The study team found that the oncogenic potential of hnRNP K stems from its ability to regulate a common oncogene called MYC, which is often linked to blood cancer. The study results indicated that hnRNP K is an oncogene when overexpressed and represents a novel mechanism for c-MYC activation that is different from those observed in other tumour types thus far. Lymphoma patients might benefit from more personalised therapies based on targeting hnRNP K or c-MYC. In this regard, the H12O-CNIO Haematological Malignancies Clinical Research Unit is actively collaborating with other researchers at CNIO working on the development of new hnRNP K modulators for future clinical use. These researchers are Inés Muñoz, Ramón Campos-Olivas and Sonia Martínez, from the Crystallography and Protein Engineering Unit, the Spectroscopy and NMR Unit, and the Medical Chemistry Section, respectively.
-end-
The study was co-funded by the US National Institutes of Health, the Cancer Prevention and Research Institute of Texas, the Leukaemia & Lymphoma Society, the Jane Coffin Childs Memorial Fund for Medical Research, and Cancer Research Innovation Spain.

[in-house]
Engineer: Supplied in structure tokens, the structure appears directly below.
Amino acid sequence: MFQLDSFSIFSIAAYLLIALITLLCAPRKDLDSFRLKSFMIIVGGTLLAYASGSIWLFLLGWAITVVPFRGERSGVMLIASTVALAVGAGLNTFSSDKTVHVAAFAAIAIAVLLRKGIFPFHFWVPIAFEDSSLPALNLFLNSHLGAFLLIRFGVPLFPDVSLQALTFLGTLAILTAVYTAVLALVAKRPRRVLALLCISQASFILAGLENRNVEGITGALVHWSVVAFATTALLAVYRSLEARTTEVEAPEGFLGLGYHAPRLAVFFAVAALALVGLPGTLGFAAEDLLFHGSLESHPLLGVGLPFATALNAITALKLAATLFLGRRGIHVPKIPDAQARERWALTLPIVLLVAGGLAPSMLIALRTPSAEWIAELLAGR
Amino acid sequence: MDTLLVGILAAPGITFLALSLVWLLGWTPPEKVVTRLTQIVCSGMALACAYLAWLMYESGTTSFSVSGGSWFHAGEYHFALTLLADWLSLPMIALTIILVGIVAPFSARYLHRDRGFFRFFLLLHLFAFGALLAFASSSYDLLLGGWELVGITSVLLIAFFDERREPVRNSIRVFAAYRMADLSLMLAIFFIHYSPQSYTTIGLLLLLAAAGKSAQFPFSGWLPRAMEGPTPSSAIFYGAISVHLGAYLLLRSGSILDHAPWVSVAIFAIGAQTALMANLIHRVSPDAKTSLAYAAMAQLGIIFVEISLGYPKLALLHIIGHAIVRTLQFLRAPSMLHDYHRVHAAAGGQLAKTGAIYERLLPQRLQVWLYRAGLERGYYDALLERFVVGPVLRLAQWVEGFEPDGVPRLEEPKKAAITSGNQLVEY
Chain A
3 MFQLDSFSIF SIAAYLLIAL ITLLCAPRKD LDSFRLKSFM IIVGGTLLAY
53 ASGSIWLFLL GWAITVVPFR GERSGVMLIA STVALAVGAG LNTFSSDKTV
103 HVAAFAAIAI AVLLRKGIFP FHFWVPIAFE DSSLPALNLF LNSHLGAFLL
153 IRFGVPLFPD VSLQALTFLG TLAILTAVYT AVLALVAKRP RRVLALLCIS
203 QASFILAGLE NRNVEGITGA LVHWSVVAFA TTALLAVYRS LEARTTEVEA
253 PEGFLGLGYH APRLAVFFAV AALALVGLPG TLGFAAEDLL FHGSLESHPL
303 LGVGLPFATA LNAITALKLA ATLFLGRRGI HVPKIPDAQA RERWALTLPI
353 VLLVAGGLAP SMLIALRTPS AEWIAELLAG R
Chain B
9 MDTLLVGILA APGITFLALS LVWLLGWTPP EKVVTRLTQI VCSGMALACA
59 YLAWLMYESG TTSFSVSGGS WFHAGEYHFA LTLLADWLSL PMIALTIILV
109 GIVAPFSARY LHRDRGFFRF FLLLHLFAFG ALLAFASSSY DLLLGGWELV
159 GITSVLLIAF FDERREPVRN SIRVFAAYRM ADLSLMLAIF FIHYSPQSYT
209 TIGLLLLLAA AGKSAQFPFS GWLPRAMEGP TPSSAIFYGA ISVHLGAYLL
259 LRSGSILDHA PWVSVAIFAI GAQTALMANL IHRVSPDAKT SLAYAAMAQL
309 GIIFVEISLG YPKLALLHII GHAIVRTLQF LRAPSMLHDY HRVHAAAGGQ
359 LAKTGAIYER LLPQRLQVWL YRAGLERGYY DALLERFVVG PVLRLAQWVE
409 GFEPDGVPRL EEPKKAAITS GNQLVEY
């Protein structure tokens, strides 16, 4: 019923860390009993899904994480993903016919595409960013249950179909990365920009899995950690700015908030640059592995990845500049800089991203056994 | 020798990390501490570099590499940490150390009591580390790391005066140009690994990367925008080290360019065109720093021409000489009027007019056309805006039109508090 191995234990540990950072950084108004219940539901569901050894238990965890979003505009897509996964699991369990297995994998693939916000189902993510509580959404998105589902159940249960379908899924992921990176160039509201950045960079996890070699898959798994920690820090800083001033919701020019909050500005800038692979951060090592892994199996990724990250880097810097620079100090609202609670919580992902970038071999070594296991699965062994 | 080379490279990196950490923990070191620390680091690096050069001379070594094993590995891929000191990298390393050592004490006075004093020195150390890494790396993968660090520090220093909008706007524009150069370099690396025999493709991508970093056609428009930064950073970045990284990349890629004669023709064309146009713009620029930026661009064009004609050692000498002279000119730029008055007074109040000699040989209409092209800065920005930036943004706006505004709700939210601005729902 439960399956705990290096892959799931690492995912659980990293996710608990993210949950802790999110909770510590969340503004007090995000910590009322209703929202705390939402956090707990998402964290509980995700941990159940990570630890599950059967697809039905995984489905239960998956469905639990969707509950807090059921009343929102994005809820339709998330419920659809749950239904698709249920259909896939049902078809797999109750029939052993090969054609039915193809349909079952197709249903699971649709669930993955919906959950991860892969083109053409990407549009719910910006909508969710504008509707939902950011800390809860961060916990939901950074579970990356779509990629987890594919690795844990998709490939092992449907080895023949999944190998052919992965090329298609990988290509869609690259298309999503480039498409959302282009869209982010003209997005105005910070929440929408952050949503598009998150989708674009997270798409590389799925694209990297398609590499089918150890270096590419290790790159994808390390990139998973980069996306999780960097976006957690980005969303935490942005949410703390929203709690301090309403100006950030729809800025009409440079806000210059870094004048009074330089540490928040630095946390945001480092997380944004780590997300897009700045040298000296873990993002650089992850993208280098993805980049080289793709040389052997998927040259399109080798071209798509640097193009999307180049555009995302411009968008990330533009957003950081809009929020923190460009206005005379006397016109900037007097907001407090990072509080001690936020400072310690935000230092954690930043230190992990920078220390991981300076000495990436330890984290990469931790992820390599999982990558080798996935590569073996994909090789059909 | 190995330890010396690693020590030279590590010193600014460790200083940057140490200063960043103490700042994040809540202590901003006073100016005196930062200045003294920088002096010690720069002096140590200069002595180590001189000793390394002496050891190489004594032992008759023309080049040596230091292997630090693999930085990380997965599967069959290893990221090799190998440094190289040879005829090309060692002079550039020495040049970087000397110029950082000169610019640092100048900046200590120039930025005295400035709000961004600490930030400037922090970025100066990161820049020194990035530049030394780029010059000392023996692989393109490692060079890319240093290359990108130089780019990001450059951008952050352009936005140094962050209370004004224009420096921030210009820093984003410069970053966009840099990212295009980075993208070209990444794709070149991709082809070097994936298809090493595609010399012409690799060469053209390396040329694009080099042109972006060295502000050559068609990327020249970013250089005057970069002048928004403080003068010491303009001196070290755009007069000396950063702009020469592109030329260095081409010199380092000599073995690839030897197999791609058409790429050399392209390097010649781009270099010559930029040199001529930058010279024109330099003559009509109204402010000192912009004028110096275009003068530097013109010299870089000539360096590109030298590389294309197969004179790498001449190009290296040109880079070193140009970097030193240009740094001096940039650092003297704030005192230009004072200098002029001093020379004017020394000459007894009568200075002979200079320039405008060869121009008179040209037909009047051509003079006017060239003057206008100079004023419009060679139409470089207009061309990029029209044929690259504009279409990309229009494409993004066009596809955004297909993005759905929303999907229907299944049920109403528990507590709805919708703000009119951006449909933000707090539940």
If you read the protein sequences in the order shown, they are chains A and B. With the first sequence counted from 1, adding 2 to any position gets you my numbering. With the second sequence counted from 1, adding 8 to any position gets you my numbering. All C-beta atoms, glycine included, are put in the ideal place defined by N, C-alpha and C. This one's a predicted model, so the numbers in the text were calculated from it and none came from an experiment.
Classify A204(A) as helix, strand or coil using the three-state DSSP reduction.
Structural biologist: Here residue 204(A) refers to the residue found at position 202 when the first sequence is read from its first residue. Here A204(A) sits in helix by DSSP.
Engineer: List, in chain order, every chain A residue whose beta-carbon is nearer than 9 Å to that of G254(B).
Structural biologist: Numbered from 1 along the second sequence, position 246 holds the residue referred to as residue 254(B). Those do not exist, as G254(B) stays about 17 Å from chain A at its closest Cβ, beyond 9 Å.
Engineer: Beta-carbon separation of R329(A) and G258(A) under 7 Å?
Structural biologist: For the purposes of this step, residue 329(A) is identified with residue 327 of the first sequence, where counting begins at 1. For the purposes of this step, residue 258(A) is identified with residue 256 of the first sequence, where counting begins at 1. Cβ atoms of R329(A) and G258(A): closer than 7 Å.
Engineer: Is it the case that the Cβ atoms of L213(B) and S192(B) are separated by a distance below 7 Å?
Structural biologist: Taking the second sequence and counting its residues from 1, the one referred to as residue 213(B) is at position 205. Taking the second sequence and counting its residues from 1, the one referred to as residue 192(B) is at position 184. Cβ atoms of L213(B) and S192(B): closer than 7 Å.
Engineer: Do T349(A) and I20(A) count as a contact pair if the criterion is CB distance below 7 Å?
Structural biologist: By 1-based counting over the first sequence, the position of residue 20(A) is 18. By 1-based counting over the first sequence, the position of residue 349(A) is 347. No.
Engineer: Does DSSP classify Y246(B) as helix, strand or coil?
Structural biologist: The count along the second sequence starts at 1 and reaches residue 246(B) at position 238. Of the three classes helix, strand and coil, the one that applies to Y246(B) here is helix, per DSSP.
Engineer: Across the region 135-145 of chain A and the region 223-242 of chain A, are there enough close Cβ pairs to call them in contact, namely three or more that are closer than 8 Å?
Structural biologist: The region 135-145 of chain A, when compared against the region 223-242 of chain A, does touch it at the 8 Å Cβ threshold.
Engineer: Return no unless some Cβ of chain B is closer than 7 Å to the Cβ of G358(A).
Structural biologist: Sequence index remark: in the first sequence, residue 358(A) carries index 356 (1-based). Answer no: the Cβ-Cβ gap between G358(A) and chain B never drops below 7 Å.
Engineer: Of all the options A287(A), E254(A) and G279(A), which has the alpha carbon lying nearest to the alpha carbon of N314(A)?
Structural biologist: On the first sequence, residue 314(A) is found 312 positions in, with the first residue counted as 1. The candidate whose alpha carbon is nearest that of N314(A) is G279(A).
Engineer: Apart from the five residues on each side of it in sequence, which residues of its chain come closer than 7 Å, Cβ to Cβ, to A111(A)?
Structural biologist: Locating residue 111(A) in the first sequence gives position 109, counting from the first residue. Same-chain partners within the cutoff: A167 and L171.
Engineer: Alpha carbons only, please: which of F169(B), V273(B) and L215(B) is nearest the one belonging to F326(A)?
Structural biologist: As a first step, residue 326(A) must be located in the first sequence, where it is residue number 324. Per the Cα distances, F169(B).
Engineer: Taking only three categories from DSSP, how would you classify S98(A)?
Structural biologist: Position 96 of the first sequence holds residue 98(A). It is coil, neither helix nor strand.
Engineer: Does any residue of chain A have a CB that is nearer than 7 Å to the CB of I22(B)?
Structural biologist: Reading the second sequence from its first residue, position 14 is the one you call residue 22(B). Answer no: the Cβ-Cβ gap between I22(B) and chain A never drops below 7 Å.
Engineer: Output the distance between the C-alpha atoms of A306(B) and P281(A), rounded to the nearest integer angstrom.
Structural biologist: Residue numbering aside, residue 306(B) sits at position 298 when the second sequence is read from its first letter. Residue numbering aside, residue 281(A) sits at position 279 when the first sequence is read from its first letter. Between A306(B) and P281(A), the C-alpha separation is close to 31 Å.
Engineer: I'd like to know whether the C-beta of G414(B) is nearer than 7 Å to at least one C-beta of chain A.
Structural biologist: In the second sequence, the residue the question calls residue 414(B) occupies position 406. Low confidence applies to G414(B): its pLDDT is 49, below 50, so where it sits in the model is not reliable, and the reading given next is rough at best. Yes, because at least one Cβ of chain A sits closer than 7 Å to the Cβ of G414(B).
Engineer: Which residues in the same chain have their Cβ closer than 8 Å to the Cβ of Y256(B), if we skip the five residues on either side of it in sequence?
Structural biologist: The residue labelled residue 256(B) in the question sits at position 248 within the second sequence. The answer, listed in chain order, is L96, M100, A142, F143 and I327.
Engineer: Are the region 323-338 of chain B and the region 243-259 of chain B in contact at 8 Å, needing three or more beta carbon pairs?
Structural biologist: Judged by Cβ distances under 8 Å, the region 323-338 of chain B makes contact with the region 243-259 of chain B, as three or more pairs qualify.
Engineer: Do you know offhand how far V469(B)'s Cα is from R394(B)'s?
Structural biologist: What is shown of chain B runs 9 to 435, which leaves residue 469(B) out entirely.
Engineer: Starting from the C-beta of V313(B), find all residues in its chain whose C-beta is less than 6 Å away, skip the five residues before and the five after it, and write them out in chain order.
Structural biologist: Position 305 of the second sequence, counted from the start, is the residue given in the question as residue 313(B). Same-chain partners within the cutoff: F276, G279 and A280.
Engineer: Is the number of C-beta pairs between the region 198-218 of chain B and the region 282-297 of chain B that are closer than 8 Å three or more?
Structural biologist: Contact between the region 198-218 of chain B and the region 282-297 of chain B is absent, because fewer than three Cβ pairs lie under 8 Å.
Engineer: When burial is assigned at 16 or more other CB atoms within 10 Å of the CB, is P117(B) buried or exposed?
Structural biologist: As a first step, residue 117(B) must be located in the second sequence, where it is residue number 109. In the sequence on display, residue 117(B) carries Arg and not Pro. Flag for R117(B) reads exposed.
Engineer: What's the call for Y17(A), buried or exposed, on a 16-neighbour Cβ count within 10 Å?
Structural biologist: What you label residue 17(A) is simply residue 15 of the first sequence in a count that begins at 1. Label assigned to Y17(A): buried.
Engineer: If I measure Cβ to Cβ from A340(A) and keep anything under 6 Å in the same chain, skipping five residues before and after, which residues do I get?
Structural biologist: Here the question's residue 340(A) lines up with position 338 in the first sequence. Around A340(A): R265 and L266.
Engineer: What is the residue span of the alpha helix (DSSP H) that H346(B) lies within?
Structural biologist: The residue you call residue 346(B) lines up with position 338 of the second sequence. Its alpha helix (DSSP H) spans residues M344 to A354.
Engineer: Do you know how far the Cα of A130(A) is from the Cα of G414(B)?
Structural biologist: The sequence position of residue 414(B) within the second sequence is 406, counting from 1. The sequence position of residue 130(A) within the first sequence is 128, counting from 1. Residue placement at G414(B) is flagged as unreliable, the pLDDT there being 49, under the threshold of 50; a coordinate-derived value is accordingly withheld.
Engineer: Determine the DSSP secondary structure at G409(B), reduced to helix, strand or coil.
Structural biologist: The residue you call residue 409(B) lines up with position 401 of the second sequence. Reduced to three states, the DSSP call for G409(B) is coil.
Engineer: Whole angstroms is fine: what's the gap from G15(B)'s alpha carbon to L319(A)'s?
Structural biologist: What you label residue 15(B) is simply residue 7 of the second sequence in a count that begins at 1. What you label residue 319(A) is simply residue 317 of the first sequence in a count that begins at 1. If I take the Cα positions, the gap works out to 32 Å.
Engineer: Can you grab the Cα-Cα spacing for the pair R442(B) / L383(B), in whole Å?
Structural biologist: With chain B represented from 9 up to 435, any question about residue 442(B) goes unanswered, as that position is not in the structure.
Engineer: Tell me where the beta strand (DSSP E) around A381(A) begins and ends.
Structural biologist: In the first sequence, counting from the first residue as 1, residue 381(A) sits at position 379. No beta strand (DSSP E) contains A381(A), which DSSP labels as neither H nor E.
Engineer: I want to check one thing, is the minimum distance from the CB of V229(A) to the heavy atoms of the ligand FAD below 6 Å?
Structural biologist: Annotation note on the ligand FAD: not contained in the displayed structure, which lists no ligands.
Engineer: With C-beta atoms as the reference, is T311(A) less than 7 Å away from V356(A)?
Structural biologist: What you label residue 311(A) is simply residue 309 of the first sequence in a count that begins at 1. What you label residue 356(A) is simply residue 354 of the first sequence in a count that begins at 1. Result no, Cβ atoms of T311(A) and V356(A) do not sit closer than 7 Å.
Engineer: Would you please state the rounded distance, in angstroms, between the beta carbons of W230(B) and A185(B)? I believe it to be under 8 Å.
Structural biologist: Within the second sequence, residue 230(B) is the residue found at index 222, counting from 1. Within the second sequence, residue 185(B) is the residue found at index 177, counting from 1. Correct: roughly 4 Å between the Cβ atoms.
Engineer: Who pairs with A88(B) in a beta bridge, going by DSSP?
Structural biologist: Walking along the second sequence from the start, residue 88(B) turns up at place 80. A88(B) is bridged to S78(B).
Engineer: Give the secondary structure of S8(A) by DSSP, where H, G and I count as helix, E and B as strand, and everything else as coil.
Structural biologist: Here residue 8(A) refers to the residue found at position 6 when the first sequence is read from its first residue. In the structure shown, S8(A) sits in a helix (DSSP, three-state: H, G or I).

Reference article: Uncovering the role of hnRNP K, an RNA-binding protein, in B-cell lymphomas. Miguel Gallardo et al. (Journal of the National Cancer Institute, 2019). DOI: https://doi.org/10.1093/jnci/djz078

Centro Nacional de Investigaciones Oncológicas (CNIO)

Related Cancer Articles from Brightsurf:

New blood cancer treatment works by selectively interfering with cancer cell signalling
University of Alberta scientists have identified the mechanism of action behind a new type of precision cancer drug for blood cancers that is set for human trials, according to research published in Nature Communications.

UCI researchers uncover cancer cell vulnerabilities; may lead to better cancer therapies
A new University of California, Irvine-led study reveals a protein responsible for genetic changes resulting in a variety of cancers, may also be the key to more effective, targeted cancer therapy.

Breast cancer treatment costs highest among young women with metastic cancer